The History of Food Porn: It’s More Than a Hashtag

“Bare, wet and with tender flesh exposed, I lay here without reservation. I am at the mercy of your insatiable stare, your eager touch—your so-called toys. Don’t be nervous. You’ve had your way with me before. Since then, you’ve dreamt incessantly of doing it again and again—admiring and stroking my supple skin. Only this time, it’s serious. I glisten from top to bottom—beads of sweat bursting from every pore. The love, the heat, the wine…thanks to you I’m a drunken, hot mess. And as much as you’d like this to be exclusive, you know I’m meant to be shared. That’s how it has to be—at least for now.”

I swear to you, this isn’t some sultry narration for an erotic story.  Not exactly.

Consider this inspiration drawn from my kitchen—the recent steamy backdrop for what I can assure you was strictly dinner!

Later that evening I amused myself writing this monologue—the words of not a woman, but if it could speak—a freshly tenderized organic chicken thigh. She whispers teasingly to her Master Chef, as she is poked, prodded, braised, filmed and photographed dripping in a rich sauce.

Not to make you blush (again), but she tasted amazing.

Food porn seems new doesn’t it? Well contrary to popular belief, it’s quite old. In fact, it comes in so many shades of grey, fifty doesn’t even cover it!

In the 70’s, the official term “food porn” was used to label foods unhealthy. Almost half a century later, social media gave birth to its hashtag. This accompanied by a frenzy of images and video has connected millions of people to a subject synonymous with pleasure, desirable esthetics and the forbidden.

Around the clock foodies are transported to a virtual fantasy land filled with exaggerated scenarios and visuals. And just like good old fashioned porn, some of its subjects are sadly unattainable and dangerously addictive. If exotic gastronomy turns you on, then you probably come undone over international delicacies— the kind only a few fortunate souls will ever get to experience. Have you tried Japanese Fugu? Authentic Indonesian Fendang? How about a taste of Paul Bocuse’s, Lièvre à la Royale? For the latter, I had to live vicariously through Anthony Bourdain (lucky bastard).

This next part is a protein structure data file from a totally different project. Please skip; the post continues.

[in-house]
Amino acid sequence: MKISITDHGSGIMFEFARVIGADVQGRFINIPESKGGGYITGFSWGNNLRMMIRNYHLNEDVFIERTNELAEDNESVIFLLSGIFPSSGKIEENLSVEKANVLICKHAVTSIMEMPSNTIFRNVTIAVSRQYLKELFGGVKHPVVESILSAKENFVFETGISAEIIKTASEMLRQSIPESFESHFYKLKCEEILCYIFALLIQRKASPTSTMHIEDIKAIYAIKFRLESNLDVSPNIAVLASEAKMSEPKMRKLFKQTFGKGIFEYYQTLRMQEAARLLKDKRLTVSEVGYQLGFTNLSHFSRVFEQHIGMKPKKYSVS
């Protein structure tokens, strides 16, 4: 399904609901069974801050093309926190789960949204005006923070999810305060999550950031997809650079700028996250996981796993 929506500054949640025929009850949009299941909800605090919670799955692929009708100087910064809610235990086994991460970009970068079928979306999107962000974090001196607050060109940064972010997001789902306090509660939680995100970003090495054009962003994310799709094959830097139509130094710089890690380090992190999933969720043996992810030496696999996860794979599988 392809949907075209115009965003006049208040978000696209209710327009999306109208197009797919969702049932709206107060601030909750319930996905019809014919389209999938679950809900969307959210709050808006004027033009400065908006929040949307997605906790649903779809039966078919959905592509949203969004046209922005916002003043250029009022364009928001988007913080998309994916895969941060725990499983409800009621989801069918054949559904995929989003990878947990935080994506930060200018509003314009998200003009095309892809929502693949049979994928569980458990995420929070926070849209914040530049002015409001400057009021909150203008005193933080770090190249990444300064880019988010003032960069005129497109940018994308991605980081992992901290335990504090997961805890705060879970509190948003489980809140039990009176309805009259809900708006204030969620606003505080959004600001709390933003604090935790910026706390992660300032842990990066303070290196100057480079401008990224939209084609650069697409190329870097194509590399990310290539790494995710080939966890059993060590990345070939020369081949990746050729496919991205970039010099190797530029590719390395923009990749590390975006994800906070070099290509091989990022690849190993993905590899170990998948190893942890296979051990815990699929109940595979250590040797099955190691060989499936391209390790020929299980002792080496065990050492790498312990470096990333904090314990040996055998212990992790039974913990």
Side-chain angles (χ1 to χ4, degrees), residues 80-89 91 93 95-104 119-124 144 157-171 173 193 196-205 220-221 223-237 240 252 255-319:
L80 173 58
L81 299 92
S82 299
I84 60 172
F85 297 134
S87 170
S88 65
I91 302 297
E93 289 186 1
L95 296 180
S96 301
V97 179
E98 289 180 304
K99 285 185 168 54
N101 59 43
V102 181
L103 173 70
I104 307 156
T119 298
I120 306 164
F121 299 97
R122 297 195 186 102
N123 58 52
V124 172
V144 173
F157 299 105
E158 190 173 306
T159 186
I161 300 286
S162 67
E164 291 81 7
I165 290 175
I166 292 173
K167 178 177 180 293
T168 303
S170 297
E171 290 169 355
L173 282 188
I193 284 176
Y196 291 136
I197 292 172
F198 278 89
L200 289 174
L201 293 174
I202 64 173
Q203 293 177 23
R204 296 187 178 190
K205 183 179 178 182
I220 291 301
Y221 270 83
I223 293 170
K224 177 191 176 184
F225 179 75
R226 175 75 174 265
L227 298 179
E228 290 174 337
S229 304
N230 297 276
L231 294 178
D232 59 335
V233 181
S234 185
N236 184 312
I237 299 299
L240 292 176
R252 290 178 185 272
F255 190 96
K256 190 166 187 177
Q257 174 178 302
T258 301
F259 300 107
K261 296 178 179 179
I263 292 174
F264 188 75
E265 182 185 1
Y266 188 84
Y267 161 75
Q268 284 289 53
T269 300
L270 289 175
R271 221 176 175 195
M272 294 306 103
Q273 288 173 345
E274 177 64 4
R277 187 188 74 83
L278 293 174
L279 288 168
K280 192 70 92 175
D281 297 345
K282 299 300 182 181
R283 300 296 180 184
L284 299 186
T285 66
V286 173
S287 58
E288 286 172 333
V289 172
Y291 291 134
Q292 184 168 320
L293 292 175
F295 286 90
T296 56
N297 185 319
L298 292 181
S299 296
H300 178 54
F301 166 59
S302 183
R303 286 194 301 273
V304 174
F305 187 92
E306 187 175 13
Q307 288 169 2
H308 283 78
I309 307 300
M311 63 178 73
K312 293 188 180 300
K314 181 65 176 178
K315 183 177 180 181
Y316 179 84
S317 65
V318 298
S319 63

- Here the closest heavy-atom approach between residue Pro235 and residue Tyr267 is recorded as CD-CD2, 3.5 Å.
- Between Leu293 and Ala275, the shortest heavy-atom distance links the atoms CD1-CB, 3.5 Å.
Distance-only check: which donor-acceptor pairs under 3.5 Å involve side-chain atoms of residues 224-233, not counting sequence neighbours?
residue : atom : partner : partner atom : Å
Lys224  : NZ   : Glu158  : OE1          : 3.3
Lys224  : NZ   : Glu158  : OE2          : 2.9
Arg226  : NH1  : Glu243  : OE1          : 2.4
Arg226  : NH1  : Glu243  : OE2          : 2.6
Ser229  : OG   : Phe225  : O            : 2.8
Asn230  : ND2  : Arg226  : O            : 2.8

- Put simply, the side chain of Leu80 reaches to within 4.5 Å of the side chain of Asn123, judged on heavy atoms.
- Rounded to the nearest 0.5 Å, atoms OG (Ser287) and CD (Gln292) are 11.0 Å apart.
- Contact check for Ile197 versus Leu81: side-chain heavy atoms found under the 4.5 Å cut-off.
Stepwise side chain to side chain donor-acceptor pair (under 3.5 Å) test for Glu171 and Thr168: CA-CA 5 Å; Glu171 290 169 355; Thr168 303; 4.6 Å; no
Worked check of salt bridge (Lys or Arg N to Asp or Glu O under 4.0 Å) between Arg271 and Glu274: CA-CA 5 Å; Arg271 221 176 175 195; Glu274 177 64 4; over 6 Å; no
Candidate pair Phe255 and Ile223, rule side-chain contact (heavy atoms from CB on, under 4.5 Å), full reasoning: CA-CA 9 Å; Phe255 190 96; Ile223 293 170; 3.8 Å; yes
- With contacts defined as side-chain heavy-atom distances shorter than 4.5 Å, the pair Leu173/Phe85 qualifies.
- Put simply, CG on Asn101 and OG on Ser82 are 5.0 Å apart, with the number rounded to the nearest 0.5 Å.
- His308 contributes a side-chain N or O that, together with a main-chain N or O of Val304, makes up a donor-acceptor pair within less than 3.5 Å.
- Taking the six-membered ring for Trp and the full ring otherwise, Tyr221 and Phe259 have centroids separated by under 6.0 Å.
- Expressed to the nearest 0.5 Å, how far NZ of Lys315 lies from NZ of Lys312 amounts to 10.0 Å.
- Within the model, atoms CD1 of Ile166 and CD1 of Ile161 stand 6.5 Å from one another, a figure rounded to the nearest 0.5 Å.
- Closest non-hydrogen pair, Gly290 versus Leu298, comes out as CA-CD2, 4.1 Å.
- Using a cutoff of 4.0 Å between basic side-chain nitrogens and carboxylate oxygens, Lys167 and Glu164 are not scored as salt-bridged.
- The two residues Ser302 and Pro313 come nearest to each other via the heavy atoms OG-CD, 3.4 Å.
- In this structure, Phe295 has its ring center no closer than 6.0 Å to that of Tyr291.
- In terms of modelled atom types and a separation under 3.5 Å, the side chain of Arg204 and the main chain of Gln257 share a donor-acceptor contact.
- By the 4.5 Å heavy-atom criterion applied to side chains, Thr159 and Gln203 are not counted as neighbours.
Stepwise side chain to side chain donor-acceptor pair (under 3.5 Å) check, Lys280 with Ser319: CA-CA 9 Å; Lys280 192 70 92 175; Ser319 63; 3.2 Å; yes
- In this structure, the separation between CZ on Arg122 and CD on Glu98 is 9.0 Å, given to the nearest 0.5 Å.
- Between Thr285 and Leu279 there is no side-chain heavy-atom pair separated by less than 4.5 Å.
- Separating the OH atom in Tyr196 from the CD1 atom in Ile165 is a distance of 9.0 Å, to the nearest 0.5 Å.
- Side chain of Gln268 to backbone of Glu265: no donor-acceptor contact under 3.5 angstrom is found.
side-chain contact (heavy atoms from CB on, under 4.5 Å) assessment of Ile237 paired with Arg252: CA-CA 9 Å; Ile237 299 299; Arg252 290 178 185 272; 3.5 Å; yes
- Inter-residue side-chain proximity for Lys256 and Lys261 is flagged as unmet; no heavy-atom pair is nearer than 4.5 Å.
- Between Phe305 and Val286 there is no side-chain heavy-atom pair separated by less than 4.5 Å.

So where do you worship? Is it the Church of Churros, the Taco Tabernacle, House of Bacon, perhaps? Do you run with nutritionists, vegans and paleo diet fans? Ogle smoothie bowls and dream of coconut oil…on pans, maybe all over your body.

You think that’s kinky?


Real food porn dating as far back as the 14th century—is chock full of flagrant artwork and saucy literature.

I was at university when Giovanni Boccaccio’s, Decameron fell into my lap. In one of its many tales, sex organs were disguised as vegetables. For example, choosing a lover, young or old, was compared to which end of a leek one preferred: the lovely white head or the long green tail. As Lady Gaga would say, innocent leeks are simply “Born This Way”. They were also the perfect choice for Master Alberto to make his “point”.

And because of that story, potato leek soup still makes me snicker. Whip out a cutting board, strategically position its main ingredients and ding dong…there it is!

For a hundred years, the metaphorical play of food and sex thrived, beginning in 16th century Renaissance and fizzing out in the early 17th century. The period was marked with change and turmoil within the Church including palpable tensions among social classes. New World exploration brought gourds, potatoes, tomatoes and other produce to Europe—seducing the masses with their gorgeously colorful exteriors, tender pulp and abundant seeds.  Thus they encouraged experimentation in the kitchen and in art. Some say the comedic, sexually charged and crude artistic works served to alleviate those social and religious tensions, especially for repressed clergymen.